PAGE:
Blockchain Can Help Artists Protect Their Works
Murky IP laws and outdated internet infrastructure make it hard for content creators to control their own work.
The internet was a game-changer for many industries, particularly artists. For the first time in history, writers, musicians, photographers, videographers and other artists had a platform to share their work on a global scale, creating new opportunities to generate revenue from the content they create. The unfettered reach of the web disrupted traditional content-driven industries, giving artists the power and freedom to self-publish in new formats outside of the confines of traditional business models.
It also opened doors to a wider definition of artistry. In the era of internet technology, every person can be a content producer, discoverer, disseminator and consumer, and those once “starving artists” were suddenly able to accumulate real wealth. Those opportunities expanded with consumers’ growing appetite for content, which enabled the value of quality intellectual property (IP) to be amplified to a much greater extent.
From one quality IP, it is now possible for artists to construct composite and diversified economic systems from copyright sales, advertisements, games, and other derivatives. Consider the success of PewDiePie, the Swedish comedian and video producer who turned a series of quirky video game commentaries into a YouTube media empire, or Rhee Drummond, the Oklahoma mother of four who started a “ranch life” blog in 2006 that catapulted her to the internet and TV celebrity status. Both stars now generate millions of dollars from their content every year.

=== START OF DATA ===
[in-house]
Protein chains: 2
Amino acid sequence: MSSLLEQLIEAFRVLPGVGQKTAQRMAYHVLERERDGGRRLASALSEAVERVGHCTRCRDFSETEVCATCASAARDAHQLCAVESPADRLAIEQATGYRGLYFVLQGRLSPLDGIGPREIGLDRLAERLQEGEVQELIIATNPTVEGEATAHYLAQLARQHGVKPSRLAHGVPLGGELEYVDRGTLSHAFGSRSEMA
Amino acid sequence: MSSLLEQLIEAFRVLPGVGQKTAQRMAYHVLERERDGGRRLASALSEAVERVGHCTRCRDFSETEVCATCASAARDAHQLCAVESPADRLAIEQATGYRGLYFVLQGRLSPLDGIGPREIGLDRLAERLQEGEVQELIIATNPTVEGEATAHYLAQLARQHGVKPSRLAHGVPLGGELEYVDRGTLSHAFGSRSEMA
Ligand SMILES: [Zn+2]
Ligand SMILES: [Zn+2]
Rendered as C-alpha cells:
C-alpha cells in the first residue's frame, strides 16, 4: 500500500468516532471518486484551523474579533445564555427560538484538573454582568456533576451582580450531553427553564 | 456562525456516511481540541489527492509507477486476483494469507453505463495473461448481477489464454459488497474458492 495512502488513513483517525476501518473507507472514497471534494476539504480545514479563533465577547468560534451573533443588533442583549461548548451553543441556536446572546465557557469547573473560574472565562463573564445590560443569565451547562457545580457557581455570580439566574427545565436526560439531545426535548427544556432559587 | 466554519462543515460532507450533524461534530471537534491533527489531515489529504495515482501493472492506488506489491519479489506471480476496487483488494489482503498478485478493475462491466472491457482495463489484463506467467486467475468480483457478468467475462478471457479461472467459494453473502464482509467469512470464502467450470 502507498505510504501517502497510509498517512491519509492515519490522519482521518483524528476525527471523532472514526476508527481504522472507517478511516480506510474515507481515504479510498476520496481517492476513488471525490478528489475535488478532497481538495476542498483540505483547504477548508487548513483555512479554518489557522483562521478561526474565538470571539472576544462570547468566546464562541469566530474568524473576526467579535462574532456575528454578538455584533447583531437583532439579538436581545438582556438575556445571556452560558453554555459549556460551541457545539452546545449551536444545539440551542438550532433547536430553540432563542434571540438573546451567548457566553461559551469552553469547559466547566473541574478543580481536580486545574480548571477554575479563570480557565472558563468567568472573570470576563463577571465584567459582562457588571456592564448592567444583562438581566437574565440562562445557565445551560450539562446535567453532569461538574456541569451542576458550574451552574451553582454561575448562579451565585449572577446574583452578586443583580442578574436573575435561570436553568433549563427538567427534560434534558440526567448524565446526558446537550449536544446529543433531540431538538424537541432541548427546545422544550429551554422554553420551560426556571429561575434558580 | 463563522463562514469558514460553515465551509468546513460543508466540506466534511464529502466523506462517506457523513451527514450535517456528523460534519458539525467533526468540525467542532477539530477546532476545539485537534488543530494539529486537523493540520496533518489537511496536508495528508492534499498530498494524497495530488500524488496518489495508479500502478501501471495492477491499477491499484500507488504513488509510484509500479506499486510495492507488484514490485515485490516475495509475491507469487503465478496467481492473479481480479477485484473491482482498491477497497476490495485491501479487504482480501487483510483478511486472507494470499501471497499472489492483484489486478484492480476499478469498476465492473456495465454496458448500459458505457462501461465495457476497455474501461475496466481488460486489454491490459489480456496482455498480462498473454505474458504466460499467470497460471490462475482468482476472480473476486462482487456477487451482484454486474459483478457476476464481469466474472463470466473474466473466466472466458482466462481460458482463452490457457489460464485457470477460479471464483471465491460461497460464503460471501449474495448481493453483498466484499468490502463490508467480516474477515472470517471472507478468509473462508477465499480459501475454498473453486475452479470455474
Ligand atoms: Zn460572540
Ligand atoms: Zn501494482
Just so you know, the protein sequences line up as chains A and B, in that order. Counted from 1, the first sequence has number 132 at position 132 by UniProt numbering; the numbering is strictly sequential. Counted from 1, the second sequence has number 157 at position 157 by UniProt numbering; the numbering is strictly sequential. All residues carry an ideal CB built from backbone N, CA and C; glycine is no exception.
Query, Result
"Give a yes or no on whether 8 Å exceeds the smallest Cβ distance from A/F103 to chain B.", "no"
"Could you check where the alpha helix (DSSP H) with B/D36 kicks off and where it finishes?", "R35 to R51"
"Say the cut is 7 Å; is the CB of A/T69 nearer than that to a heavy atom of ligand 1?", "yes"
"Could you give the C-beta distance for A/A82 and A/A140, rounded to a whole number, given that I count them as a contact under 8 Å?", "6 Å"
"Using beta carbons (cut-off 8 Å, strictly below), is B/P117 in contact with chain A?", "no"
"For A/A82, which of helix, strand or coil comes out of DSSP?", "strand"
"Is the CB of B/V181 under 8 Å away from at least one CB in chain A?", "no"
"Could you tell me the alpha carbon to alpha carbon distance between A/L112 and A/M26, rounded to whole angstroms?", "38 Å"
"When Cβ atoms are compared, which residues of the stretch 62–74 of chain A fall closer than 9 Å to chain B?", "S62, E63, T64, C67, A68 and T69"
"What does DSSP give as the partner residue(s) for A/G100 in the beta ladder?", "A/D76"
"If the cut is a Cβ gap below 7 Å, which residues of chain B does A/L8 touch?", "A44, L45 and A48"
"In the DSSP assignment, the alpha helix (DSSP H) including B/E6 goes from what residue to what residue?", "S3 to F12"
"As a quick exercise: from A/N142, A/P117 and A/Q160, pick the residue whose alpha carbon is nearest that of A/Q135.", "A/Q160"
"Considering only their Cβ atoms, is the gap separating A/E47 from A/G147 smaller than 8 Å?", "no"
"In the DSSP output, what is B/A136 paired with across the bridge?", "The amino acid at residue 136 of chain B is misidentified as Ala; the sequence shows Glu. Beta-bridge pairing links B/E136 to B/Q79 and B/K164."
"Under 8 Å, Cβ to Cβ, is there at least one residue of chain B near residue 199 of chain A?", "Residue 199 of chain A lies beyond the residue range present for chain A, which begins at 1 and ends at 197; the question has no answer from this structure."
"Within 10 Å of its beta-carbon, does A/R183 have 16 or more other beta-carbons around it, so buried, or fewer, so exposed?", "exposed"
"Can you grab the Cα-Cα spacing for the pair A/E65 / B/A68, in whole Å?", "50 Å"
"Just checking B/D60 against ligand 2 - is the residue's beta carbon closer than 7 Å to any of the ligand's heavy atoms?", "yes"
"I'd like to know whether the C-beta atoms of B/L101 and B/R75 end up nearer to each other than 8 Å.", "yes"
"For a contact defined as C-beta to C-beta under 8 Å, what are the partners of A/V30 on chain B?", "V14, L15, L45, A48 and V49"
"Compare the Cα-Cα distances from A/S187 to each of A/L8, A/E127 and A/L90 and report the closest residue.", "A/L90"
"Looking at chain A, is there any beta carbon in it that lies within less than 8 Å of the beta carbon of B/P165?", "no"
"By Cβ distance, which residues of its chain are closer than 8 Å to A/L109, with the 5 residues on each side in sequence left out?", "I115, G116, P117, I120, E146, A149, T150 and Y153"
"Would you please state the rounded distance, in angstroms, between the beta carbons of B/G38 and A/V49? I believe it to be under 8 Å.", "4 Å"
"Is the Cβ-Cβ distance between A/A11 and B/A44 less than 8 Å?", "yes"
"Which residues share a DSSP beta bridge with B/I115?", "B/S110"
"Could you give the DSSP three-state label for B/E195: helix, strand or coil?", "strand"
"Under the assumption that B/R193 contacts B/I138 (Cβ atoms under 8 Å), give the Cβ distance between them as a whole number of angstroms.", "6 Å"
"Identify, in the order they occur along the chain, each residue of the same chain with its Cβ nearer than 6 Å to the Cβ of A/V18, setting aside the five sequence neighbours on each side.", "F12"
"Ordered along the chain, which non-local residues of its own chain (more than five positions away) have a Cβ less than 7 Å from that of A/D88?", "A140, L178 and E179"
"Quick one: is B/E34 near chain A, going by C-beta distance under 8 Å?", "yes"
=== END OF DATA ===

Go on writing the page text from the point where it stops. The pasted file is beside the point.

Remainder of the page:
But for every success story, there are countless artists whose content is stolen, repurposed, or plagiarized online to the benefit of others. In 2016, for example, retailer Zara was accused by at least a dozen indie artists of using their designs in products without permission or compensation. Or the 2010 story of Scott Wilson who raised almost $1M via a Kickstarter campaign for his TikTok Lunatik watch band kit, only to have the idea stolen and his business opportunities crushed by a flood of cheaper copycats. This is not an isolated incidence. A 2017 update of the IP Commission Report found IP theft in the US alone exceeds $225B in losses to content creators every year.
Such thefts are made possible by outdated basic internet infrastructure and severe information asymmetry that results in unclear IP ownership, inadequate data authenticity, and obstacles to converting original content into liquid assets. These challenges are amplified by a centralized governance doctrine that promotes inferior content as premium products and creates a hostile environment that makes it difficult for artists to fairly promote and sell their work.
A fair playing field for artist
These long-standing barriers have limited opportunities for many creators to maximize the value and revenue potential of their work, but recent applications of blockchain in the creative space may soon change that.
Ink, a tech startup based in Singapore, has developed a new blockchain-based platform for content creators that will change the way artists publish and monetize their work.
The Ink platform features a public ledger where creators can register works and generate business directly, rather than working through a middleman who takes a cut of their revenue. Through a combination of blockchain technology, an IP asset exchange, and cross-chain interoperability, the new platform will be able to securely verify and record the exchange of content, eliminating the risk of theft and piracy and ensuring creators are fairly compensated for their work.
More importantly, it will help them more rapidly convert their content into liquid assets, while creating an environment where fan support ensures highest-quality content receives the most support.
A blockchain technology company may sound like an unlikely partner for creative content producers, but this technology promises to solve many of the problems that have plagued artists for years. The controls of a blockchain-based environment will enable them to finally fully leverage the value of their work.
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